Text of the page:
If you got any questions please feel free to reply to this post.

Submitted by Twinkle on Sunday, June 15, 2014

The Rotor worked really well I'm really pleased with how accessible it made the languages, many thanks to those that helped.
I found, when it was in French mode, the quality of the language was really good, it even read the English really well, like a French person speaking English, so it may not always be necessary to swap over to English. However in English mode it reads the French phonetically so switching then is essential. I just hope I get the same results with the Spanish and the German.
My next issue will be Science and maths! I wonder how voice over would cope with mathematical equations and science symbols!
This is a very helpful site, it makes me realise how many features of the iPad are possibly not utilised by people who are not....and I mean this fondly....Apple Geeks.

Submitted by Tree on Monday, June 16, 2014

haha your comment about apple geeks is nothing but a compliment. I think most people don't use Apple products to their fullest potential. I think the best solution for blind people and mathematics is a braille display and nimith braille. However, of course some people don't have braille displays or don't know nimith braille. Although I know nothing about it you might want to check out this app.…
I don't have an iPad so I really can't tell you anything about this app, but I hope it can help.

Thank you for that, I will pass the link onto some colleagues, they work with the little ones, we cover 0 - 25 years of age. I am currently with age 11 up.
I do not have a clue about nemeth braille but i am in the process of refreshing my braille,, UEB, it changed since i last studied it.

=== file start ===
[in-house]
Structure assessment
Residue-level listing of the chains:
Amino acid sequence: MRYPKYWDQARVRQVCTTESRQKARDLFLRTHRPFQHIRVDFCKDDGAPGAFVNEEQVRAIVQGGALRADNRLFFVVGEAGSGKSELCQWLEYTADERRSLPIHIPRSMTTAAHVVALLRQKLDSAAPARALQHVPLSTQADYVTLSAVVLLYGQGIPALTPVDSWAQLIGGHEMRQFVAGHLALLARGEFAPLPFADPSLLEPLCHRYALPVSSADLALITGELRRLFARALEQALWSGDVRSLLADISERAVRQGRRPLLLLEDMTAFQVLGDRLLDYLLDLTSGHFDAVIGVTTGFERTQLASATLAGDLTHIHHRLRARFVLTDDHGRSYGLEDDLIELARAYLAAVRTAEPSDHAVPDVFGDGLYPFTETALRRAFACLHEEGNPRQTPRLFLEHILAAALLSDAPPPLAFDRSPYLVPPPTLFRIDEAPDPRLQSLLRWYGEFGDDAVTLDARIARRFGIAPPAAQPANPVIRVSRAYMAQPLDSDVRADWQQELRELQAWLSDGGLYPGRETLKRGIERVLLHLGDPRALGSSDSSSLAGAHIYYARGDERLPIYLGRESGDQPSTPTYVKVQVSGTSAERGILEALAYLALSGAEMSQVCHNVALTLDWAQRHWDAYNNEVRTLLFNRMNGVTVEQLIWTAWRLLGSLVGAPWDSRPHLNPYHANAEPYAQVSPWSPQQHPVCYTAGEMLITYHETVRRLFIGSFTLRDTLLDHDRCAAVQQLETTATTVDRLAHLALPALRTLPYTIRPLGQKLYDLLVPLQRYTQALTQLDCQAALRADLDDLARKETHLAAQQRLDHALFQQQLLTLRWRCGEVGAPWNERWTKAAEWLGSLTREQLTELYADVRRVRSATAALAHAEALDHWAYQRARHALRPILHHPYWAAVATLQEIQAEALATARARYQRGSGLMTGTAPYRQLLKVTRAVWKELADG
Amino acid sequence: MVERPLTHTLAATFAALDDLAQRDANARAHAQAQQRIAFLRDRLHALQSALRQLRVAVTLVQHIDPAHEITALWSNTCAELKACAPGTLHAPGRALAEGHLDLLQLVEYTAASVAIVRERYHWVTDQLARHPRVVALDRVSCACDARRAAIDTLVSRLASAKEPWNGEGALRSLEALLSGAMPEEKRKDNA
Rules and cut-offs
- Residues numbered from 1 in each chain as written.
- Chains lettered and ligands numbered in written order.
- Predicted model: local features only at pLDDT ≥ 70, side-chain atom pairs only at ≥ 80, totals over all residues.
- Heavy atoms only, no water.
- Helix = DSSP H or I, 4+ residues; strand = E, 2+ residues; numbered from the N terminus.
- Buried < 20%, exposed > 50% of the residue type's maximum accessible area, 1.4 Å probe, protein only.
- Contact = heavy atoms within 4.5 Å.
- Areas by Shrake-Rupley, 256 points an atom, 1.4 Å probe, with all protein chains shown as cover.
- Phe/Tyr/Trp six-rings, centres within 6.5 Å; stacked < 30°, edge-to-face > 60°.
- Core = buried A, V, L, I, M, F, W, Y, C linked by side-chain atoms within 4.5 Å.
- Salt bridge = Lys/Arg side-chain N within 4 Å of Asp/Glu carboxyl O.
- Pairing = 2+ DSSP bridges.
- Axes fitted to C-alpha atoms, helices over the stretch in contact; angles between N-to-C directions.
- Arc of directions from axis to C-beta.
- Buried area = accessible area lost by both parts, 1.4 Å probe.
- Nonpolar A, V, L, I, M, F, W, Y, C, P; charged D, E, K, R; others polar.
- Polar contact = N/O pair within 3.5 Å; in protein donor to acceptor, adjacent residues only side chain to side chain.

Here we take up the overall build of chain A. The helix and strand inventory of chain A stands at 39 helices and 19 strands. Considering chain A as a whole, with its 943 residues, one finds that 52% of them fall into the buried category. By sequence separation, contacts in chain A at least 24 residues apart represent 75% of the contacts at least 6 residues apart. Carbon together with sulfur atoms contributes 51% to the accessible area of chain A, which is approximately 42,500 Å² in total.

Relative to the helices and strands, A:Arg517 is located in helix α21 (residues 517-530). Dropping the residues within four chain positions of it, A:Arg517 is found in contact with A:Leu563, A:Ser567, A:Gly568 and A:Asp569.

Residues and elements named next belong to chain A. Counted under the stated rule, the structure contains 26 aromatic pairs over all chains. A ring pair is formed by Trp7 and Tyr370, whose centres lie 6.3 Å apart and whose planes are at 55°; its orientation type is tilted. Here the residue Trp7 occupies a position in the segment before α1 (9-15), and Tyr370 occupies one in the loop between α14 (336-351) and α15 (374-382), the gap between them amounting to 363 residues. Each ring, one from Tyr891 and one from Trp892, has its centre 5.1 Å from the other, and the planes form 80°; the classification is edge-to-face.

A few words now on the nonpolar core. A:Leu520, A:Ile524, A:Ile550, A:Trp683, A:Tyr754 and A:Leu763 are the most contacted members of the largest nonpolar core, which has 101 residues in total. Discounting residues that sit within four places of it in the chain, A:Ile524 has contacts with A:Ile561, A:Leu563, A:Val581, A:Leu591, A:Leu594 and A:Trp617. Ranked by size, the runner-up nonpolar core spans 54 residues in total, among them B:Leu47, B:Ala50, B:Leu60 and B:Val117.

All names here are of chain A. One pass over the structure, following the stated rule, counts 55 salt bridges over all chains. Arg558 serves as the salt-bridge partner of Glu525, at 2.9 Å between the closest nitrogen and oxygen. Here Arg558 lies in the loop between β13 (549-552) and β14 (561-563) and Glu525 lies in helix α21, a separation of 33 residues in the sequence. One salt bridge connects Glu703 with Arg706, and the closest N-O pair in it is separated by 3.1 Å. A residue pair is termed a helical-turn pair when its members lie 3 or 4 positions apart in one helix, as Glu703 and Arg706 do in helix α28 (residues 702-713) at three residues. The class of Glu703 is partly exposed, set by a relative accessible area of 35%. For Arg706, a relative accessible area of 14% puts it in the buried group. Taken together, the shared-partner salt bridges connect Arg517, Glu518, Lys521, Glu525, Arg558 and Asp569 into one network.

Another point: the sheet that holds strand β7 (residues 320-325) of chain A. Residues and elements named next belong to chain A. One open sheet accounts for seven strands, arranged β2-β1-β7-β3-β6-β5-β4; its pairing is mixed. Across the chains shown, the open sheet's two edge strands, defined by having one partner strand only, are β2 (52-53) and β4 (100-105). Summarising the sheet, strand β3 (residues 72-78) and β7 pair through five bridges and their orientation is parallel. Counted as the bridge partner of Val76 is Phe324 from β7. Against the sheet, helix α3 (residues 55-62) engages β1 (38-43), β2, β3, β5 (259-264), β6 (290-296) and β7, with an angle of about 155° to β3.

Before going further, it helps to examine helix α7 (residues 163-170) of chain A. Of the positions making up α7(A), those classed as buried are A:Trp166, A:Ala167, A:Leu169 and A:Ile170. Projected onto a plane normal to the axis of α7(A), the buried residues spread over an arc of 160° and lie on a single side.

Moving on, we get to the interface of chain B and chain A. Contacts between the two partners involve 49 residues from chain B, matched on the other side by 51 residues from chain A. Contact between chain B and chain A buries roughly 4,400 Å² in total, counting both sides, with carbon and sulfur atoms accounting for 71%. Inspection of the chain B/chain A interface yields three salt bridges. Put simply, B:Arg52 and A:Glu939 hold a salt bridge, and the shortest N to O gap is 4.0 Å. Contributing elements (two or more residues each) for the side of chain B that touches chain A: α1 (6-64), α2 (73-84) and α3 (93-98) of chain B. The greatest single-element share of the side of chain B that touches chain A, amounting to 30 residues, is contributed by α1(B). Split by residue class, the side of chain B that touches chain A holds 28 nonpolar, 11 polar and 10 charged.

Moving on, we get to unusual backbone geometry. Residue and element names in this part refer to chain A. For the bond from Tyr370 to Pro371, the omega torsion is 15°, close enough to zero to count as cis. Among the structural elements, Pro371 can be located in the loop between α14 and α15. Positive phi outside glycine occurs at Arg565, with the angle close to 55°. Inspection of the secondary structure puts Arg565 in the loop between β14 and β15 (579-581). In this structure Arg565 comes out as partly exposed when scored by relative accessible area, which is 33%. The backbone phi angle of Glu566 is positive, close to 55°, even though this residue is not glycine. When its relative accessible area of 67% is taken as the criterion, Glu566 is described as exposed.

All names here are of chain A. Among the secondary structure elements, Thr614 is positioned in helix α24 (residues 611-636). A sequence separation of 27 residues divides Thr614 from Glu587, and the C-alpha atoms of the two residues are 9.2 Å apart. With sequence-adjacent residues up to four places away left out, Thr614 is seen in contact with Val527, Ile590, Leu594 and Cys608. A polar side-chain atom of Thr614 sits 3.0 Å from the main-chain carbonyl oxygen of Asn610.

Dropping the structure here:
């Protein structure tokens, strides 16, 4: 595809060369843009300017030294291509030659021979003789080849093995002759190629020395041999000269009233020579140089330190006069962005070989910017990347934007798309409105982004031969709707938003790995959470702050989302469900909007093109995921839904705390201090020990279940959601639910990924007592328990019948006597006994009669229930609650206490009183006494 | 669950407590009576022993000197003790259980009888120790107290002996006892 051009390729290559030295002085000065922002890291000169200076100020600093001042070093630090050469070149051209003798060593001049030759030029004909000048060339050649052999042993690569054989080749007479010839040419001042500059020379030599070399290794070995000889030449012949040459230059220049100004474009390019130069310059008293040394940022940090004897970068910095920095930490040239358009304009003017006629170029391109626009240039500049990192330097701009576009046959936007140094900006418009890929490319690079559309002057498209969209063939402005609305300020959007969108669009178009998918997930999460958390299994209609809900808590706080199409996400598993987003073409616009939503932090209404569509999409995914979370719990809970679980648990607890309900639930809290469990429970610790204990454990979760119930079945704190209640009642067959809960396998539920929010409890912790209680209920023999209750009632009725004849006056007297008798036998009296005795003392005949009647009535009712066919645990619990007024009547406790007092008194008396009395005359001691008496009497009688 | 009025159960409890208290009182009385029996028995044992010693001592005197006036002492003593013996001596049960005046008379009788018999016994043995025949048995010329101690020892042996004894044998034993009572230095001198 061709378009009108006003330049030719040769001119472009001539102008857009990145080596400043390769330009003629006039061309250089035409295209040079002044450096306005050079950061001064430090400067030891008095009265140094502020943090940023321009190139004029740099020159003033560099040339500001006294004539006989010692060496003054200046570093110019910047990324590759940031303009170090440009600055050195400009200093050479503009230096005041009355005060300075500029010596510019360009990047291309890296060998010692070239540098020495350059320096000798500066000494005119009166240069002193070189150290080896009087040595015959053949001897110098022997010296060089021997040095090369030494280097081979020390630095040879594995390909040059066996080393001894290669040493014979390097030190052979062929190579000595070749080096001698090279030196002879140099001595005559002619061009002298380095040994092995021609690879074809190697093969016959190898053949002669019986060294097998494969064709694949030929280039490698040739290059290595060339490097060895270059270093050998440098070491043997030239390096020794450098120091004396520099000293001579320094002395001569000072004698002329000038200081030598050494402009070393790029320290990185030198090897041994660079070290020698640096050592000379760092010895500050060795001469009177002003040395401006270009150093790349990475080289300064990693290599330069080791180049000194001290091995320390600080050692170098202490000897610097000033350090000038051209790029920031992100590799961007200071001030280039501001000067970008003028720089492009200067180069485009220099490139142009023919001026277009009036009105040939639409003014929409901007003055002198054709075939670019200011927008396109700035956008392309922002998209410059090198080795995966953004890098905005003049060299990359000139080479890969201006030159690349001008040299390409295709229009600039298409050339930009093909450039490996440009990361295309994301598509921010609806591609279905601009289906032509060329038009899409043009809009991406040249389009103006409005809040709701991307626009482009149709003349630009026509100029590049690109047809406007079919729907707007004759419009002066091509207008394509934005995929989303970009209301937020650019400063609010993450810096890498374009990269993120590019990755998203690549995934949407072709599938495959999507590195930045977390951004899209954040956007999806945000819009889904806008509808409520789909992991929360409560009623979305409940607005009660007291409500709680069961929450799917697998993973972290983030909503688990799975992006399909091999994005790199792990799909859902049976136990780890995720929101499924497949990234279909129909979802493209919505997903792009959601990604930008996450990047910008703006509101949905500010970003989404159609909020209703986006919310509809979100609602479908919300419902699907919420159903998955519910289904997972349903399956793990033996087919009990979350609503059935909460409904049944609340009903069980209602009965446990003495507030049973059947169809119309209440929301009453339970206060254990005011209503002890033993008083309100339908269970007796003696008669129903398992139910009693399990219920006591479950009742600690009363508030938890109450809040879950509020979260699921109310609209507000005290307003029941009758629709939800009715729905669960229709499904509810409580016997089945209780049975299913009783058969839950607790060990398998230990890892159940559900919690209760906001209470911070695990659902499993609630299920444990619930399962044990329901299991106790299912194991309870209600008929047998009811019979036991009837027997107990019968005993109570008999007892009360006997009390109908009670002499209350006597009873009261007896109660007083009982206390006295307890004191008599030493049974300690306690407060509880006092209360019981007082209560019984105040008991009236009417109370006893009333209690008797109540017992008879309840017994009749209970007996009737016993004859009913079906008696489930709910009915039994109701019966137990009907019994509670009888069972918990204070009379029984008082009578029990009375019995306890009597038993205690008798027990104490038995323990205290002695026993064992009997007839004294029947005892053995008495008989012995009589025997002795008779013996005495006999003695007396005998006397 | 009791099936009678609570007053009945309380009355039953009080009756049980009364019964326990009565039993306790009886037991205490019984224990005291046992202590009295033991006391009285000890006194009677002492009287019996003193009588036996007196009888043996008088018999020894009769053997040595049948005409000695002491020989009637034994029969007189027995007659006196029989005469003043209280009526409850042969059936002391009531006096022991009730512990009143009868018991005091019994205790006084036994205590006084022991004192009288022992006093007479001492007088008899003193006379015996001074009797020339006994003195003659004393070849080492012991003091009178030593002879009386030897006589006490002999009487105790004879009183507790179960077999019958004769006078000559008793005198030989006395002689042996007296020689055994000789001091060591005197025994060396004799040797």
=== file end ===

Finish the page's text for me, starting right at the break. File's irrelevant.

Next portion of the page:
My student knows about it, he is a very clever young man and knows about the nemeth code. He doesn't know yet, but we have purchased him anew braille display, he currently has the Apex, but we are changing it as it is becoming a bit long in the tooth.

Submitted by Alex Marositz on Wednesday, July 30, 2014

I am working with a student who is a voiceover user on the Mac, not IOS. He is taking a Japanese class. His books have both Japanese and English. How can VO be configured to read with the Japanese synthesizer when it encounters Japanese text and English when reading the English. The correct language is tagged in Microsoft word and Windows screen-readers switch appropriately when they come across the Japanese. My thought is to export the document to HTML and open in safari on the Mac but that didn't actually work. I've downloaded the Japanese synthesizers on the Mac. Any suggestions?


Submitted by Tree on Thursday, July 31, 2014

There might be a way to make voice over use the proper voices automatically, I am not sure. I know that at least on iOS voice over does this on web pages. I can not think of a time I have seen it happen on my mac though. One thing you might want to look into is html language tags. I know that that is what allows screen readers to know which language to use on voice over. If nothing els your student can always just change the voice on the fly. Simply hold down the v o keys plus command and then hit either the left or right arrow keys until you hear the name of the voice you are currently using, then while still holding down v o and command hit the down arrow keys until you hear the voice you want. This is easier to do then it sounds.Another option would be to use the activities feature in the voice over utility to set it up where voice over automatically uses the Japanese voice for a specific app. Maybe you could choose a text editor that the student does not normally use and that way he could just use that app for Japanese documents.